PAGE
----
Standard Historical Last Updated: Feb 20, 2017 Track Document
ASTM C1773-13

Standard Test Method for Monotonic Axial Tensile Behavior of Continuous Fiber-Reinforced Advanced Ceramic Tubular Test Specimens at Ambient Temperature

Standard Test Method for Monotonic Axial Tensile Behavior of Continuous Fiber-Reinforced Advanced Ceramic Tubular Test Specimens at Ambient Temperature C1773-13 ASTM|C1773-13|en-US Standard Test Method for Monotonic Axial Tensile Behavior of Continuous Fiber-Reinforced Advanced Ceramic Tubular Test Specimens at Ambient Temperature Standard new BOS Vol. 15.01 Committee C28
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Significance and Use

5.1 This test method provides information on the uniaxial tensile properties and tensile stress-strain response of a ceramic composite tube—tensile strength and strain, fracture strength and strain, proportional limit stress and strain, tensile elastic modulus, etc. The information may be used for material development, material comparison, quality assurance, characterization, and design data generation.

5.2 Continuous fiber-reinforced ceramic composites (CFCC) are composed of continuous ceramic-fiber directional (1-D, 2-D, and 3-D) reinforcements in a fine grain-sized (<50 micron) ceramic matrix with controlled porosity. Often these composites have an engineered thin (0.1 to 10 microns) interface coating on the fibers to produce crack deflection and fiber pull-out. These ceramic composites offer high temperature stability, inherent damage tolerance, and high degrees of wear and corrosion resistance. As such, these ceramic composites are particularly suited for aerospace and high temperature structural applications. (1, 2)3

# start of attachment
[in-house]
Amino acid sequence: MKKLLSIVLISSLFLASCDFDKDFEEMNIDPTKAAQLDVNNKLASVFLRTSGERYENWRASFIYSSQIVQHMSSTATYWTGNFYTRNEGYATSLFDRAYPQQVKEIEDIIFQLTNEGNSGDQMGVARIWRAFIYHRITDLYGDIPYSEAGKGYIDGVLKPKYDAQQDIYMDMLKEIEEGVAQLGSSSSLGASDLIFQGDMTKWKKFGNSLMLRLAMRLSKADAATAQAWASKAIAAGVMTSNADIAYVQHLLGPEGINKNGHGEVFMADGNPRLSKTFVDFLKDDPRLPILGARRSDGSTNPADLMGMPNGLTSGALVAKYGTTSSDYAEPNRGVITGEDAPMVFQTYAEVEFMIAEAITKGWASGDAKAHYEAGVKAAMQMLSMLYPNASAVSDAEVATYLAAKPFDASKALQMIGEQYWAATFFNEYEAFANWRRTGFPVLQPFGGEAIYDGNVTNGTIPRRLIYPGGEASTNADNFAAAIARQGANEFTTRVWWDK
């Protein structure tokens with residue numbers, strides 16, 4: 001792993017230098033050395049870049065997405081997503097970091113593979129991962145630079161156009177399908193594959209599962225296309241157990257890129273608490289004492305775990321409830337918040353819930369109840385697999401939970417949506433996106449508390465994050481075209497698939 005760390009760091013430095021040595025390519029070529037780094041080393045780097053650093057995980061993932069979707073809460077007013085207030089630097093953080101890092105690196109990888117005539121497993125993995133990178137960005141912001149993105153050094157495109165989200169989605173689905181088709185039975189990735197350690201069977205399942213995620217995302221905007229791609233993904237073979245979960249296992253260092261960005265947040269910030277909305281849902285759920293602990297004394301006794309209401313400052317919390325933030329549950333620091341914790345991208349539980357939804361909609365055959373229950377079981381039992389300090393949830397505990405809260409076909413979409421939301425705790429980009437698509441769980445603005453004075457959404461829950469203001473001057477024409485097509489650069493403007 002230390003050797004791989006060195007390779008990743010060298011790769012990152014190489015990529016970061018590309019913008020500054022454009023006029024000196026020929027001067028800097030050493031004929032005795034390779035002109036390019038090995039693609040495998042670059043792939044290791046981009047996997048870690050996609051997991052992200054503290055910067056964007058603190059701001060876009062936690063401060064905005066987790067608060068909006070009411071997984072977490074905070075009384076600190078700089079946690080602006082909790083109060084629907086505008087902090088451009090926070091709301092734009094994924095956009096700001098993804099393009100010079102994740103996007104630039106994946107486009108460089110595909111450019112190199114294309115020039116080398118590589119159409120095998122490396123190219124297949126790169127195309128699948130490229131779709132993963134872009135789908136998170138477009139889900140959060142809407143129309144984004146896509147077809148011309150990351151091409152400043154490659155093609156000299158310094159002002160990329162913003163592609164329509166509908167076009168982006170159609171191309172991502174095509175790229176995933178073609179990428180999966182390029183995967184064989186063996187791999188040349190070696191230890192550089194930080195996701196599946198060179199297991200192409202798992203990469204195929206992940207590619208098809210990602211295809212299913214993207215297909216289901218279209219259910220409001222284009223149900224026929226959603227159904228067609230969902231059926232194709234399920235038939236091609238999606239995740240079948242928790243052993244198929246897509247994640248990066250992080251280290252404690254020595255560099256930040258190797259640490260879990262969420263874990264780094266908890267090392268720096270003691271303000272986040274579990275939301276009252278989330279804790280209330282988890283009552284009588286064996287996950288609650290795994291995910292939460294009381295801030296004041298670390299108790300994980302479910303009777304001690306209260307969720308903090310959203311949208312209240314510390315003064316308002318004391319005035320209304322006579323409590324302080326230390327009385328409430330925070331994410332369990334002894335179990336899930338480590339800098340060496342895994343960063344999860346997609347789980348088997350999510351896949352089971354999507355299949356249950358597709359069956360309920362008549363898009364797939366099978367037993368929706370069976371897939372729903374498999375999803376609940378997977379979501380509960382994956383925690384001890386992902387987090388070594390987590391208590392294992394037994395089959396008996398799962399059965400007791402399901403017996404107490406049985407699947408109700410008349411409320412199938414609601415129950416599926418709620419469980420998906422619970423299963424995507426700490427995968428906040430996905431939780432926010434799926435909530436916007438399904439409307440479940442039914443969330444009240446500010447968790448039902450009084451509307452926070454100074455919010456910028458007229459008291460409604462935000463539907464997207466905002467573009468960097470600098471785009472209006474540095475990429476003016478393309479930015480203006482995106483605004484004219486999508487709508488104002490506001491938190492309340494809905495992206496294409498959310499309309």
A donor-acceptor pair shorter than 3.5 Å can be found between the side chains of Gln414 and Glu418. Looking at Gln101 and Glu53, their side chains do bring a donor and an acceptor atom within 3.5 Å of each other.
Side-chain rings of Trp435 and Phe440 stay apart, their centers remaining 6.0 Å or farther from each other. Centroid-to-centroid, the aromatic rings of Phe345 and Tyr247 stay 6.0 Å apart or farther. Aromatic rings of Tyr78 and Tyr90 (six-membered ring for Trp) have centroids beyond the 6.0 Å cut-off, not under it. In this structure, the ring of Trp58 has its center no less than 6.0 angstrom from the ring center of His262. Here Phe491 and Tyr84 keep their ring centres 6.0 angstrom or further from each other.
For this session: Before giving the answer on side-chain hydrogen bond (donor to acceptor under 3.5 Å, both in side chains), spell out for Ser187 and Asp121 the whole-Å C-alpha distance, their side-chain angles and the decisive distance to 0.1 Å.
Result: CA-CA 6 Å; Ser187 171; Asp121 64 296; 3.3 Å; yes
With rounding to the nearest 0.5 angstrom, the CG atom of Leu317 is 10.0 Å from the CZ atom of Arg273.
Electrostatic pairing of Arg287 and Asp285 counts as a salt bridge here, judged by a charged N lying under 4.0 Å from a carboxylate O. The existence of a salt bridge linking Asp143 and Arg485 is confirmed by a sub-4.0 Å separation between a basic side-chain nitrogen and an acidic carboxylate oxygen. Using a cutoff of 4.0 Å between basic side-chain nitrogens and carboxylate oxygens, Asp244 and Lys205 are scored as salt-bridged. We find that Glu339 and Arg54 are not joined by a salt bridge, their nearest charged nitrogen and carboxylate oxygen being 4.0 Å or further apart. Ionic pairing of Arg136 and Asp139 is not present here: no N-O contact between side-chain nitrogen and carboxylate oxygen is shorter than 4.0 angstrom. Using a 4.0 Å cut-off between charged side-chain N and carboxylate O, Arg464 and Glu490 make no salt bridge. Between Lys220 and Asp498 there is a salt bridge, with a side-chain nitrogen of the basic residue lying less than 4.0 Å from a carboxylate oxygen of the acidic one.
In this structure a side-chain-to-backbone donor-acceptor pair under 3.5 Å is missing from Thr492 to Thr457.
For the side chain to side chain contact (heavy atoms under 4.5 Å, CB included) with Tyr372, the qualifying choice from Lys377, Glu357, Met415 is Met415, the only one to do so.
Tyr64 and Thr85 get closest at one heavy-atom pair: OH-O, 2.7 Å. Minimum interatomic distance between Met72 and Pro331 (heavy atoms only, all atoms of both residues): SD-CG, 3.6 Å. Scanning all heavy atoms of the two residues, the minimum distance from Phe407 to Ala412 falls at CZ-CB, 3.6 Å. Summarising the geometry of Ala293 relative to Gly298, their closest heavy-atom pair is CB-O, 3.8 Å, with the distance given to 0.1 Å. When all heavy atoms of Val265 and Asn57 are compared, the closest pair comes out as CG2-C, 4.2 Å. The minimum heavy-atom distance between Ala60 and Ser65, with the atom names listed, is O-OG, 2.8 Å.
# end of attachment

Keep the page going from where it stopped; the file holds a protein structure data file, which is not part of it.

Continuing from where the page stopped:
5.3 CFCC components have a distinctive and synergistic combination of material properties, interface coatings, porosity control, composite architecture (1-D, 2-D, and 3-D), and geometric shape that are generally inseparable. Prediction of the mechanical performance of CFCC tubes (particularly with braid and 3-D weave architectures) cannot be made by applying measured properties from flat CFCC plates to the design of tubes. Direct uniaxial tensile strength tests of CFCC tubes are needed to provide reliable information on the mechanical behavior and strength of tube geometries.

5.4 CFCCs generally experience “graceful” fracture from a cumulative damage process, unlike monolithic advanced ceramics which fracture catastrophically from a single dominant flaw. The tensile behavior and strength of a CFCC are dependent on its inherent resistance to fracture, the presence of flaws, and any damage accumulation processes. These factors are affected by the composite material composition and variability in material and testing—components, reinforcement architecture and volume fraction, porosity content, matrix morphology, interface morphology, methods of material fabrication, test specimen preparation and conditioning, and surface condition.

5.5 The results of tensile tests of test specimens fabricated to standardized dimensions from a particular material or selected portions of a part, or both, may not totally represent the strength and deformation properties of the entire, full-size end product or its in-service behavior in different environments.

5.6 For quality control purposes, results derived from standardized tubular tensile test specimens may be considered indicative of the response of the material from which they were taken from, given primary processing conditions and post-processing heat treatments.